6. The above is the entire case law cited by the learned Counsel for the opposite parties. These decisions proceed on the well-known and well settled principle of law that if a court or authority has no jurisdiction whatsoever. all proceedings taken before it! are mere nullities and can have no legal foundation. However, I am of the view that there is a basic and essential distinction between complete lack or want of jurisdiction and existence of jurisdiction but its irregular or improper exercise. In the former case. it is coram non judice but in the latter, the exercise may1 be right or wrong but it will be within jurisdiction. A Magistrate may deal with a case as a warrant case and start with a regular trial. However, after recording the entire evidence but before signing the judgment, he may change his view and either think that the accused deserve a higher punishment than he can award, or he may take the view that the case is one which is exclusively triable by a Court of Session and at that stage he may order commitment. In such a case, it cannot be said that the proceedings already taken are rendered void or illegal. Such a contingency has been foreseen by the Legislature and covered by Section 347, Code of Criminal Procedure. It says that if in any inquiry before a Magistrate, or in any trial before a Magistrate, before signing judgment. it appears to him at any stage of the proceedings that the case is one which ought to be tried by the Court of Session or High Court, and it he is empowered to commit for trial, he shall commit the accused under the provisions contained in Chapter XVIII. If such Magistrate is not empowered to commit for trial. he shall proceed under Section 346. It is true that there is no specific section which provides as to what he has to do if a conviction is set aside and a direction is received for commitment. In such a case, it is obvious, that the appellate court does not anuil the proceedings but only quashes the conviction and the sentence. In Empress of India v Ilahi Baksh 1878-80) ILR 2 All 910. Oldfield J. held that the commitment. after remand on a direction for commitment, will not be vitiated merely becauses the Magistrate does not com mense a fresh enquiry and take evidence de novo. He went on to observe that the inquiry and the evidence at the trial are sufficient for the purposes of commitment. In Sahdeo Ram v. Emperor : AIR1935All579 , the Division Bench held that where a Magistrate receives a direction for commitment by an appellate Court after the setting aside of the conviction. it does not give the Magistrate any jurisdiction to make any further enquiry and the enquiry already held is sufficient for the purposes of Chapter XVIII. I am in respectful agreement with this view of the Division Bench which is also binding on me. It appears to me that when the law empowers a Magistrate to convert a trial into an enquiry on his realisation that the case is triable exclusively by the Court of Session. without rendering the proceeding in the trial as illegal, that trial will not become illegal when the Sessions Judge. on appeal. came to an identical conclusion that the case was exclusively triable by it and should be committed. The Magistrate thereafter has precious little to do. He had recorded the entire evidence tendered. on behalf of the prosecution and each witness had been subjected to cross-examination. He had already recorded the statements of the accused and their defence witnesses, if any. He had nothing further to do except obtain a list of witnesses from the accused in respect of witnesses which they would like to examine at the trial before Court of Session.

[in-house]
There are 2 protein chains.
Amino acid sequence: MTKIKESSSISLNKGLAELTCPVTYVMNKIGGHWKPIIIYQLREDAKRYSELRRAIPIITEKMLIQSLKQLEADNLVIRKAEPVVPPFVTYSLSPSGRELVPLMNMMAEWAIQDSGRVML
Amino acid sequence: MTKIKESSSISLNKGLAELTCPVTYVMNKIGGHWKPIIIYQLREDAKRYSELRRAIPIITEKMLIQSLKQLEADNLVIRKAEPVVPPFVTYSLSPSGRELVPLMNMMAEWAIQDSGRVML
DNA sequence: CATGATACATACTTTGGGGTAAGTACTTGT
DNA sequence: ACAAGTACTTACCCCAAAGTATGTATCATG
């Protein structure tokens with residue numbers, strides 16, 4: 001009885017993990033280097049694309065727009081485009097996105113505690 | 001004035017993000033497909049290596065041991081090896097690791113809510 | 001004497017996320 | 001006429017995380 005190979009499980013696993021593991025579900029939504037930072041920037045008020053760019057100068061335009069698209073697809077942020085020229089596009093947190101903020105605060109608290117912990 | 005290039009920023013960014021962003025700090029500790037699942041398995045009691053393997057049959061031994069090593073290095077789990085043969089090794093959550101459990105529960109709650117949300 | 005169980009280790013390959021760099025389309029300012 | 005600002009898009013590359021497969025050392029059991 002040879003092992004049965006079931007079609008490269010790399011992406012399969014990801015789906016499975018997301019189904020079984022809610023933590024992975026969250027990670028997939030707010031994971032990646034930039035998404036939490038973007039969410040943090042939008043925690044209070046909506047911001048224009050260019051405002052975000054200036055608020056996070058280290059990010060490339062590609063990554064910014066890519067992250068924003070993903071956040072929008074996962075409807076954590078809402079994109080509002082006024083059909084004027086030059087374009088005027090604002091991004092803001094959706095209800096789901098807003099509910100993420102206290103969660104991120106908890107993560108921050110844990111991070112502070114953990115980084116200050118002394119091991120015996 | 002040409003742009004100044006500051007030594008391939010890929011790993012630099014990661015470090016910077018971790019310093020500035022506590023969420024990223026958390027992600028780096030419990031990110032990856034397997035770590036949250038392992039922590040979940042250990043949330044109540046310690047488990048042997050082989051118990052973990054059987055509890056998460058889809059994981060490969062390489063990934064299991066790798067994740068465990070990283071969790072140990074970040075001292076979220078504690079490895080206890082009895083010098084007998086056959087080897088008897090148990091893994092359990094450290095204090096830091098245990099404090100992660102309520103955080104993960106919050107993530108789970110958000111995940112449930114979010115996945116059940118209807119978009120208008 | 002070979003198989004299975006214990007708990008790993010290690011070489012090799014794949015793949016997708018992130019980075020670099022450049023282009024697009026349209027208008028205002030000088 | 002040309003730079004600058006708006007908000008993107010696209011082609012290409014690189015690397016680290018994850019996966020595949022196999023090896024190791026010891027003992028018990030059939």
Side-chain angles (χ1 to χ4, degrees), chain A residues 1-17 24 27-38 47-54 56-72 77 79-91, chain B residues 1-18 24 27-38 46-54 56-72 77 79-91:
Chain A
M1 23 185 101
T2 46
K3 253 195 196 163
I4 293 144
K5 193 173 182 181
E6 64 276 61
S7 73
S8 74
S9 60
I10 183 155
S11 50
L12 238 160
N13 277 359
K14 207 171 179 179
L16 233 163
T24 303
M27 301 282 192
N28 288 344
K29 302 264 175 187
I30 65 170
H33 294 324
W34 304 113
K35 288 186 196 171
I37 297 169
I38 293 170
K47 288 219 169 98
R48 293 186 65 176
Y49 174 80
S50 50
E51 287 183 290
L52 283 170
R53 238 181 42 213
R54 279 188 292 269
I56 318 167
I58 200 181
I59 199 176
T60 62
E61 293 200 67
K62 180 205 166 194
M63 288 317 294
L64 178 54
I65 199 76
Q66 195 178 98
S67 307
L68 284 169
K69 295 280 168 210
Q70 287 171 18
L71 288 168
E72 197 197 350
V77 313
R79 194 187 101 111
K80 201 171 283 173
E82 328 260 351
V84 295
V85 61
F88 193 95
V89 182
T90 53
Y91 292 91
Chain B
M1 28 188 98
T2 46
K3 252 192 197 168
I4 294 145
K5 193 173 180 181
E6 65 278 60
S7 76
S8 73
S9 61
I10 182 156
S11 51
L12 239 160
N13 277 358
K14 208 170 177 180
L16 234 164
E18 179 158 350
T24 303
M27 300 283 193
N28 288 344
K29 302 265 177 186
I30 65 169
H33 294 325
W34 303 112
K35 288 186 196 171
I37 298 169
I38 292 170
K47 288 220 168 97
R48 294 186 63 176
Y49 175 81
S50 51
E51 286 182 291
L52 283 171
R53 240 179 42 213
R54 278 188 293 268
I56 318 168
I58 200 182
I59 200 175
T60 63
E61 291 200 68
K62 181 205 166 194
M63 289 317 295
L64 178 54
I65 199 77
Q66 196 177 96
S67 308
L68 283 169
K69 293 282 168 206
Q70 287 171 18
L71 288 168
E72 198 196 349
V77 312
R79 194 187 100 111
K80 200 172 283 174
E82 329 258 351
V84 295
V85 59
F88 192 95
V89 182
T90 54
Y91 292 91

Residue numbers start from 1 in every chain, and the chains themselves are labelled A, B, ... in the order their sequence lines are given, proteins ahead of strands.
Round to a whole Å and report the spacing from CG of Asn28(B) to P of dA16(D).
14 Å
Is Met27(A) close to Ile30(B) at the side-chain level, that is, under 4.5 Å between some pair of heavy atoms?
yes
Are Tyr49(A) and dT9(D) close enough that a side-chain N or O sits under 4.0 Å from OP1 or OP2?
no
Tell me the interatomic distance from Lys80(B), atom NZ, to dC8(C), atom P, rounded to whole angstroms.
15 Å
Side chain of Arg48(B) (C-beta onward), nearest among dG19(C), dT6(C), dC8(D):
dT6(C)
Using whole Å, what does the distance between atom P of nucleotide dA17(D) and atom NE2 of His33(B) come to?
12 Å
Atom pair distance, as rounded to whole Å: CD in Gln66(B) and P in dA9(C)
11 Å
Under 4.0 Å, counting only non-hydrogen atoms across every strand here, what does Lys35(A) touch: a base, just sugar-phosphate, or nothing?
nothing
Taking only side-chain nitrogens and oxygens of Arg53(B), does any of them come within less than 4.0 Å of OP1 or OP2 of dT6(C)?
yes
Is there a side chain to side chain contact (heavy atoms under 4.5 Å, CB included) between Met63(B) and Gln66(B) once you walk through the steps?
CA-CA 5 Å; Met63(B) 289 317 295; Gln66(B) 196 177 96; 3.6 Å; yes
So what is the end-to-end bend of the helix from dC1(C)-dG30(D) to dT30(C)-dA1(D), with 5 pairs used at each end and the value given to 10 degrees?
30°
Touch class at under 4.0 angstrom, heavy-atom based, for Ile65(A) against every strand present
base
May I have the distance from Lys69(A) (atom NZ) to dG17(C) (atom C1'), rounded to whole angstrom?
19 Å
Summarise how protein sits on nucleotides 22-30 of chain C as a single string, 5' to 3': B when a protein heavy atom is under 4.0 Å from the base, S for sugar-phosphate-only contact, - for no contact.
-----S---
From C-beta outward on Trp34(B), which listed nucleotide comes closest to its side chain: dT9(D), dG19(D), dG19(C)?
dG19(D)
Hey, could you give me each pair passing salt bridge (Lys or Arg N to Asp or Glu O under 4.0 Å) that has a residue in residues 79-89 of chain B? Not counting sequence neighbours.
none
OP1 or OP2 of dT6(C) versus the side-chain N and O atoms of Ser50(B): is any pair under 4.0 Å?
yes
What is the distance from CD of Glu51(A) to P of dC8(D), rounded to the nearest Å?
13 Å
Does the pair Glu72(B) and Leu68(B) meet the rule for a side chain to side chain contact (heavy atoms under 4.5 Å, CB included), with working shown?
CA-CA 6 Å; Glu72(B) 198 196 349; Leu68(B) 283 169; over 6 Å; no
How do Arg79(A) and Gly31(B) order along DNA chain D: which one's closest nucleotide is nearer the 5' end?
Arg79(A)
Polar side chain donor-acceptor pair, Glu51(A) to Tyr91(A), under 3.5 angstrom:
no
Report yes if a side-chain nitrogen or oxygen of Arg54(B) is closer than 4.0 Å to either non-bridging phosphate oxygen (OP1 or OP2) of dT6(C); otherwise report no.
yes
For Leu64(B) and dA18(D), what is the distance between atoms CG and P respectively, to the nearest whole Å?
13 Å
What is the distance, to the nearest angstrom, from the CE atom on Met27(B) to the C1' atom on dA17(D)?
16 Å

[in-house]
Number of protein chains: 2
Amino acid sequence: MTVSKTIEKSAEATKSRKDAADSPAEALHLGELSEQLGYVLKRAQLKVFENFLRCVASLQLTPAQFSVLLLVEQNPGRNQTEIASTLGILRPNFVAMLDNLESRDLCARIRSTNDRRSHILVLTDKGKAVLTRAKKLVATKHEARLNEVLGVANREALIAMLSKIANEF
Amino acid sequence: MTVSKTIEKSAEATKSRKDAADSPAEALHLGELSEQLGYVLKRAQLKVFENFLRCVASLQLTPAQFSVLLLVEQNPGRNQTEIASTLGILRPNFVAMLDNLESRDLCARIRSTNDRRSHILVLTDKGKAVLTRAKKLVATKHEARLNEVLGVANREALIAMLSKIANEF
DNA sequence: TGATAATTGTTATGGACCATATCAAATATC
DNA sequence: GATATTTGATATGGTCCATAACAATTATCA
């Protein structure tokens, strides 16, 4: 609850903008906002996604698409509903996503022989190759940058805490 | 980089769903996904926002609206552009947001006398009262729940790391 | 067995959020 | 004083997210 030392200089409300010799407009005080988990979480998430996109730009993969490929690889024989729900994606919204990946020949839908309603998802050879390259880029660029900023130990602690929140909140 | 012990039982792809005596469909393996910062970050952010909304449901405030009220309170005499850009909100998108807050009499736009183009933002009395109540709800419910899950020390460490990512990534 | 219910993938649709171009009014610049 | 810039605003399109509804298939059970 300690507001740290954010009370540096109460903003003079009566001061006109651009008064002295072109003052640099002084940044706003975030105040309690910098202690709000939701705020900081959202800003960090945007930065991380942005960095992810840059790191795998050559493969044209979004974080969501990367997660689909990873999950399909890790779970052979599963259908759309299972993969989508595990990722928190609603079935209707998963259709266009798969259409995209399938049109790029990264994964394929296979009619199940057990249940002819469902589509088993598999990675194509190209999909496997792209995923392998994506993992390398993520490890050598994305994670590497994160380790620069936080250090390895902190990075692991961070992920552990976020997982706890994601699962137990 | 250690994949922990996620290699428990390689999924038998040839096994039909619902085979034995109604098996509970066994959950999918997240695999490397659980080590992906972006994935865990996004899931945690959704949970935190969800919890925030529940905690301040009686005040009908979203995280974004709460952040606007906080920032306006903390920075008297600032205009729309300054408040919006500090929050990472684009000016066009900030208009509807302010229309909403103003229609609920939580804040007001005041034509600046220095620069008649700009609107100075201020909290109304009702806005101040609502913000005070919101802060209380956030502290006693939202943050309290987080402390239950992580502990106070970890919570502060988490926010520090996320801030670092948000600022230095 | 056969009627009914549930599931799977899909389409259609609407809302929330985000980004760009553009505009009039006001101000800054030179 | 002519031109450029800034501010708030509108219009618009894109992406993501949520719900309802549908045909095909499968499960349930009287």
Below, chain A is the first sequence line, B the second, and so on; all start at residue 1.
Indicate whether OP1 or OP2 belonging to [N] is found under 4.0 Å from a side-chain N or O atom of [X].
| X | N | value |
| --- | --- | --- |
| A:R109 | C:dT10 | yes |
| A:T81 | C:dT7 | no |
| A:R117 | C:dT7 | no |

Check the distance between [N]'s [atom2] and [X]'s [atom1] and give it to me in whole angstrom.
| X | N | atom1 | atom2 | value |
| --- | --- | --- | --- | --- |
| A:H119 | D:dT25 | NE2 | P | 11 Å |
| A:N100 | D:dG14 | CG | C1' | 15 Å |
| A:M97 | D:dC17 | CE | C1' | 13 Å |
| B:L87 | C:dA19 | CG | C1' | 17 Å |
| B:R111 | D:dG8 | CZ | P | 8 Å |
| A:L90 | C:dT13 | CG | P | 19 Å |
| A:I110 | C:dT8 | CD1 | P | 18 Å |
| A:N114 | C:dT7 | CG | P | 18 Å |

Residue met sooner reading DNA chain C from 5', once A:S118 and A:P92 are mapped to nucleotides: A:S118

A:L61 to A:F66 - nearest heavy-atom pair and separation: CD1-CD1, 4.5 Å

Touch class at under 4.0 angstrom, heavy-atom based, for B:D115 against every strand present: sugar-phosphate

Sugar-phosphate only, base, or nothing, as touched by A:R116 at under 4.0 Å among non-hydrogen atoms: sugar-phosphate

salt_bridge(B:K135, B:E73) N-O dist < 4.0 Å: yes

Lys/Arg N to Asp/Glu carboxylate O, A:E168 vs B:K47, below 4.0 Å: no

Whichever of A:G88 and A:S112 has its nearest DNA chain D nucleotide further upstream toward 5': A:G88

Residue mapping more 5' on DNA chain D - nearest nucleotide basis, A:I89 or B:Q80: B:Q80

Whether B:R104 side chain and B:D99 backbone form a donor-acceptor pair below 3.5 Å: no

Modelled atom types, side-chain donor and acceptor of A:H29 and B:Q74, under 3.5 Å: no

7. The learned Assistant Sessions Judge was, to my mind. not correct when he rejected the application. It is. therefore, directed that the State shall have the liberty to lead evidence to prove that Ram Chandra is dead and to bring his earlier deposition on the record under Section 33. Evidence Act. As to what value should attach to that statement is for the trial Court to decide, and not for this Court.